If London is a hotbed of fresh fashion talent, who are the new names to look out for?
With London Fashion Week (LFW) just around the corner, industry antennae are already on alert for new talent. Fashion soothsayers were given a helping hand yesterday when Fashion East announced their latest line-up of young names: Simone Rocha, daughter of the legendary John Rocha; Felicity Brown of the Royal College of Art, whose spring/summer 2011 collection will be her debut show, and Finnish designer Heikki Salonen, who will be returning to London for his third season.
Since its foundation in 2000 by the inimitable Lulu Kennedy- dubbed the ‘fashion’s fairy godmother’, the non-profit making project, Fashion East has established itself as a highlight of LFW, helping to launch the careers of some of London’s most exciting names including Gareth Pugh, Richard Nicoll, Jonathan Saunders and Marios Schwab, who is now the creative director of Halston.
Indeed, rather than being just a fringe event, come fashion week Fashion East is one of the hottest tickets in town, with knock-out shows including Gareth Pugh’s fetishistic, sci-fi inspired show, held in Camden’s Electric Ballroom nightclub. Nor is it just an event for die-hard ‘fashion anoraks’ with stars like Victoria Beckham even turning up. Indeed as Professor Wendy Dagworthy, head of the Royal College of Art’s School of Fashion points out “New talent is very important to London; lots of people come here specifically for it, and it’s what keeps London moving and alive.” And in that sense it’s hardly surprising that an event based around fresh talent resonates so strongly in London.
Mary Homer, managing director of Topshop who will be sponsoring the project for the 15th year running, believes that it is of invaluable benefit to emerging designers: “Lulu Kennedy and her panel of insiders have consistently shown a talent for identifying the best of British-based designers, giving them a credible platform to show their collections.”
Despite not having any formal fashion background, Kennedy has a sharp eye for creativity and moved to London’s Brick Lane in 2000 brimming with anticipation and an energy which hasn’t abated since. Professor Dagworthy believes that part of Kennedy’s knack lies in getting the timing right: “"Kennedy chooses the designers really well, and when they are ready for the opportunity. Without initiatives like this many designers wouldn’t be able to afford to have a show, and it could be a waste of their money."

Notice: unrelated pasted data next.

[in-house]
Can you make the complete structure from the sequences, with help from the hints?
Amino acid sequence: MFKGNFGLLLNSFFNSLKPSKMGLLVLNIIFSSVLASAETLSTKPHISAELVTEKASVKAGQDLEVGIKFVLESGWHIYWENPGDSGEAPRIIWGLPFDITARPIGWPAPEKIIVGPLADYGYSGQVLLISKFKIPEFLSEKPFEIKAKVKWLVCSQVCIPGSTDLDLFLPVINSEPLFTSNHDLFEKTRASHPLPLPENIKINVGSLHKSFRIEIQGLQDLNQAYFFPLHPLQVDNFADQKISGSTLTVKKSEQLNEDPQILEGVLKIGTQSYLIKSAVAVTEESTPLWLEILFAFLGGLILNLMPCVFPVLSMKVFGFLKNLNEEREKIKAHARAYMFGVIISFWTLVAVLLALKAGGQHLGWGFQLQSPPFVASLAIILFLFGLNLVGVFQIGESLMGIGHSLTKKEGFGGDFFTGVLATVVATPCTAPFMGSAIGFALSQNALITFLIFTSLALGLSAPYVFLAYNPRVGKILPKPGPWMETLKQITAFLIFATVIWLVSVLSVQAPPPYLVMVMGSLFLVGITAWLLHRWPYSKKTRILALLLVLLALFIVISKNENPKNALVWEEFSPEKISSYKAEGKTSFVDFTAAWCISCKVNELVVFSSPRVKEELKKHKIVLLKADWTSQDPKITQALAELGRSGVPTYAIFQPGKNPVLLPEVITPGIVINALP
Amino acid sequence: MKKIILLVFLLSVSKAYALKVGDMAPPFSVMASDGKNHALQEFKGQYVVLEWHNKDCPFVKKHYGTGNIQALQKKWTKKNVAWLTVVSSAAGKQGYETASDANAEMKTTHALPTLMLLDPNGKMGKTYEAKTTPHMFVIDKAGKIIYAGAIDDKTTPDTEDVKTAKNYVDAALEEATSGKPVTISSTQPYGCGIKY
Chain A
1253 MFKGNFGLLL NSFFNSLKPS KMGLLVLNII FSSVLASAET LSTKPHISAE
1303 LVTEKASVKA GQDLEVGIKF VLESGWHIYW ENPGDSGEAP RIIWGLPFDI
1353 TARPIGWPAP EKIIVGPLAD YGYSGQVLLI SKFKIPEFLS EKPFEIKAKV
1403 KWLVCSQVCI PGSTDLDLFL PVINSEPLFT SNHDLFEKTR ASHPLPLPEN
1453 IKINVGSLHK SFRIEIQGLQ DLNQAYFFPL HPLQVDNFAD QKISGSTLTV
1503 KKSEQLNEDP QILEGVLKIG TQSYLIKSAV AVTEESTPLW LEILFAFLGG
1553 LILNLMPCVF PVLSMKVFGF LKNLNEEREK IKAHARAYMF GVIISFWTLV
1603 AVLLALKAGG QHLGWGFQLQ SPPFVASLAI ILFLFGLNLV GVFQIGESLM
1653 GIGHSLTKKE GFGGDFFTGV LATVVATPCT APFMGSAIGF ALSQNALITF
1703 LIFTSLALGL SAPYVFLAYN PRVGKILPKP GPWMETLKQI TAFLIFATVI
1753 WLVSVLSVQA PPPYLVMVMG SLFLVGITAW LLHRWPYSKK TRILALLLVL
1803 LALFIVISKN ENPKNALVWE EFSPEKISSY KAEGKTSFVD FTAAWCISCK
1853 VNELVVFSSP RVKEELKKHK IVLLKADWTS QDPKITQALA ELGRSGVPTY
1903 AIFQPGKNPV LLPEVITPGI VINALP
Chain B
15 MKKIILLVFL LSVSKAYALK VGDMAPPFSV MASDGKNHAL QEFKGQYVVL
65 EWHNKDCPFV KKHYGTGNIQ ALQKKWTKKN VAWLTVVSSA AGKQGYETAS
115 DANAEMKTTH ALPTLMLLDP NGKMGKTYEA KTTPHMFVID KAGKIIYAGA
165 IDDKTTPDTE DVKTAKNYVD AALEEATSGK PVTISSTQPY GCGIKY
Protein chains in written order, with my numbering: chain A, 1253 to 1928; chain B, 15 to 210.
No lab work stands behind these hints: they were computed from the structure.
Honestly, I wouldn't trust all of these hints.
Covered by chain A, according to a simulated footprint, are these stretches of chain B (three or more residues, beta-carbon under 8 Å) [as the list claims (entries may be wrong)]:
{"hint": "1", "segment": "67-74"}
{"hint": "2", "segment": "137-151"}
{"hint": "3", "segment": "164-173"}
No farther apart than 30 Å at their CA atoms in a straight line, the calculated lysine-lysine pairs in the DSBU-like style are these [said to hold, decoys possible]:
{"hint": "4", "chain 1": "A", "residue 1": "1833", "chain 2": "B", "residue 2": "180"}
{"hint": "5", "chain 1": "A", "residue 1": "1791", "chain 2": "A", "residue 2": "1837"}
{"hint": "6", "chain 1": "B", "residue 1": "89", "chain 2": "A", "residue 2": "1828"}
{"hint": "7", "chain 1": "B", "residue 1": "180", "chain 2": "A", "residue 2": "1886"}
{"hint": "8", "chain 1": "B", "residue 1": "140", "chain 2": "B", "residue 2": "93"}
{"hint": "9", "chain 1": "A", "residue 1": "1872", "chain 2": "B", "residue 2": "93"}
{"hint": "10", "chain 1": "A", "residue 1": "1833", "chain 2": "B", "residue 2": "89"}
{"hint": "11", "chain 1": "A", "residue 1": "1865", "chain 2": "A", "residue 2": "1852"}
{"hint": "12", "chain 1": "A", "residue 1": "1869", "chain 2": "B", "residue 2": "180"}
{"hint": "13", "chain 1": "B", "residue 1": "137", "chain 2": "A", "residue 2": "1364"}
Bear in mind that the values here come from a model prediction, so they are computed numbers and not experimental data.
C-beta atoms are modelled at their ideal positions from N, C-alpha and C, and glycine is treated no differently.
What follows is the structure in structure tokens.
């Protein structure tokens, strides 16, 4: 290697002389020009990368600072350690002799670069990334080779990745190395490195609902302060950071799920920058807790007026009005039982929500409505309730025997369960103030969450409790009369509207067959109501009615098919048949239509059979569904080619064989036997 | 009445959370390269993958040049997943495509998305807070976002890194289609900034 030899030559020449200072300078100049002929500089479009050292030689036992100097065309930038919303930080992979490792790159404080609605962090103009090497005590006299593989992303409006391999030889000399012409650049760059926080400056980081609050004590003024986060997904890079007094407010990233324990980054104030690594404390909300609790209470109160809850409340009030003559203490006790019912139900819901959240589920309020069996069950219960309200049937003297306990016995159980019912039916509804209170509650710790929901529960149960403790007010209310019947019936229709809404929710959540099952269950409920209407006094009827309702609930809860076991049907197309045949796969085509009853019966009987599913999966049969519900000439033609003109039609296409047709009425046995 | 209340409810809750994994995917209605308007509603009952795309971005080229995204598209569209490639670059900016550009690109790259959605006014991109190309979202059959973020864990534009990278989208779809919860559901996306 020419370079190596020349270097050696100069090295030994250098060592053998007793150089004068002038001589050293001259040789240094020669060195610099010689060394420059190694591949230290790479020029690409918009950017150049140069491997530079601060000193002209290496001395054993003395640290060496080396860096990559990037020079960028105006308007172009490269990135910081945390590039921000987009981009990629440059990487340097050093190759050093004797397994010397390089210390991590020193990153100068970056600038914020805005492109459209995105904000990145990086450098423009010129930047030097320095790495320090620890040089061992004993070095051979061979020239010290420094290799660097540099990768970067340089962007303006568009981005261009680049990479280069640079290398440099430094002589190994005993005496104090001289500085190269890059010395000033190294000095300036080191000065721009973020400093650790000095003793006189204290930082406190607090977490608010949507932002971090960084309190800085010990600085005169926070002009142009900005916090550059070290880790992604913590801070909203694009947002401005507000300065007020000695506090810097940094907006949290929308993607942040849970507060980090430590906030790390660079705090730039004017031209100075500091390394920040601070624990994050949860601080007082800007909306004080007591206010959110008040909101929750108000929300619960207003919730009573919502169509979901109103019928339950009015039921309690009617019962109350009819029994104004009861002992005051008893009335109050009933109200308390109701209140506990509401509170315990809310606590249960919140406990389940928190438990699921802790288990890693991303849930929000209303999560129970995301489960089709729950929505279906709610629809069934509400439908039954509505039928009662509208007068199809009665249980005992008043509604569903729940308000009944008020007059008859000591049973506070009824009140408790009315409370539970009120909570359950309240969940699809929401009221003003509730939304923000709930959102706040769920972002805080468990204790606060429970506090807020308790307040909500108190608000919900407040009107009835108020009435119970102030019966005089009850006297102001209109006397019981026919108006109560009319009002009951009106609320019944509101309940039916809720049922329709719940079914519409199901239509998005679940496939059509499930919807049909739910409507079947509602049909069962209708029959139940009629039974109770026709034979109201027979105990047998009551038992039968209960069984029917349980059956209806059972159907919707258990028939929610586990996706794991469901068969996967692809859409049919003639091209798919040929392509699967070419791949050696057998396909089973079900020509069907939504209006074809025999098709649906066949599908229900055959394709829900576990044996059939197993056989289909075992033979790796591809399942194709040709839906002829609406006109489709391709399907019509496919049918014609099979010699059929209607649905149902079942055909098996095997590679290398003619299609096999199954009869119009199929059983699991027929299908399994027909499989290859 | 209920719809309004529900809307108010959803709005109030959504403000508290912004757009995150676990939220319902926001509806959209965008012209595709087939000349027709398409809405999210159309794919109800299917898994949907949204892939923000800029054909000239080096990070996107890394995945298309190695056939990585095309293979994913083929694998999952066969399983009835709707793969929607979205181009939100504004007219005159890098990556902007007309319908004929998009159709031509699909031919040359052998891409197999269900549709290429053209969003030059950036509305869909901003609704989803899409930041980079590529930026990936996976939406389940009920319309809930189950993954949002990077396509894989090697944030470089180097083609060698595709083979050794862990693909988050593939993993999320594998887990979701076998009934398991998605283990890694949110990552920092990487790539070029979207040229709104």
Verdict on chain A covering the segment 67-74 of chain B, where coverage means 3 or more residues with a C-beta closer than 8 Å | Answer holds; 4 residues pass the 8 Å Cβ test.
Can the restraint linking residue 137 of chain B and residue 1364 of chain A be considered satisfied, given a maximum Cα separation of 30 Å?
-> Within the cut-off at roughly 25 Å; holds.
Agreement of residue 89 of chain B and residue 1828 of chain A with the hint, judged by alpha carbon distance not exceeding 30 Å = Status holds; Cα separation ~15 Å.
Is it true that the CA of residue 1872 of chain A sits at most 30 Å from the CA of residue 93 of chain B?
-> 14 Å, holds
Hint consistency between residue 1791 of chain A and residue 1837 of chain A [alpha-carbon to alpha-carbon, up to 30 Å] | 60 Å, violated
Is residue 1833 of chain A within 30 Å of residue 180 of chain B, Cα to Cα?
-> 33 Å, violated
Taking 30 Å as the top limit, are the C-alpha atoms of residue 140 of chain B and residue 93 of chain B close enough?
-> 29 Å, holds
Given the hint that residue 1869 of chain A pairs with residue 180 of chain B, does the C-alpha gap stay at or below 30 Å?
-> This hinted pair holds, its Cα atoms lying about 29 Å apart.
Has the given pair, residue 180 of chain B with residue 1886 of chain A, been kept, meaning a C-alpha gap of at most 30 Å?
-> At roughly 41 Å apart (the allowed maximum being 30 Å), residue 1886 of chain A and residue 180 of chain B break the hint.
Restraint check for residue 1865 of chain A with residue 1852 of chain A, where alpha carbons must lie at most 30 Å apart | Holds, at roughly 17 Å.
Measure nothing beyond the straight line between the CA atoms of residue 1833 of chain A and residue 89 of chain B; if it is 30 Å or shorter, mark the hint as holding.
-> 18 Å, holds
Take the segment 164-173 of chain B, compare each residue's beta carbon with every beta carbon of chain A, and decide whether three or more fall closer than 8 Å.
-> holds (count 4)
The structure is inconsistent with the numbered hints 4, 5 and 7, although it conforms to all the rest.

So, Simone Rocha, Heikki Salonen and Felicity Brown have earned a very exciting opportunity indeed. Never heard of them? Here’s what you need to know:
Simone Rocha, daughter of John Rocha (she won’t be able to avoid the blessing/curse of being constantly identified via her father for a long time yet) studied for four years at the National College of Art and Design in Dublin and finished her MA at talent hot-house Central Saint Martins in February. Her famous father who originally moved to the UK from Hong Kong to work as a psychiatric nurse, says Simone is more ‘edgy’ than him, but shares his “understanding of fabric". The course director at CSM Louise Wilson is also a fan of her “strong, modern, sympathetic approach to womenswear and eclectic eye for accessories. While undoubtedly a talent in her own right she does have the bonus of being able to produce her collection in her father’s studio in Ireland and have her pieces sold in his shop on London’s Dover Street.
Heikki Salonen studied at the Royal College of Art and worked with current darling of the London fashion scene, Erdem before setting up his own eponymous label. He summarises his design signature as being “Sophistication with a dirty, rugged edge”. His autumn/winter collection had a glamorous grunge, or “glunge”, aesthetic with aviator jackets, DM boots and sloppy knits. Next season will see Native American and skater influences added to the mix of his quintessentially Scandinavian-cool aesthetic.
London-born newcomer Felicity Brown is also one of the RCA alumni and designed for Lanvin, Loewe, Mulberry and Alberta Ferreti before branching out on her own. Her dresses have caught many an industry eye, made up in precious silks hand dyed with dipped blue, orange and electric yellow over a cream coloured base. The finish is romantically old-fashioned with tiny hooks and fastenings evoking the practice of ancient couturiers. It is her ability to alter the mood of the wearer, while also making them look fabulous, which sets this young designer apart.
Watch this space…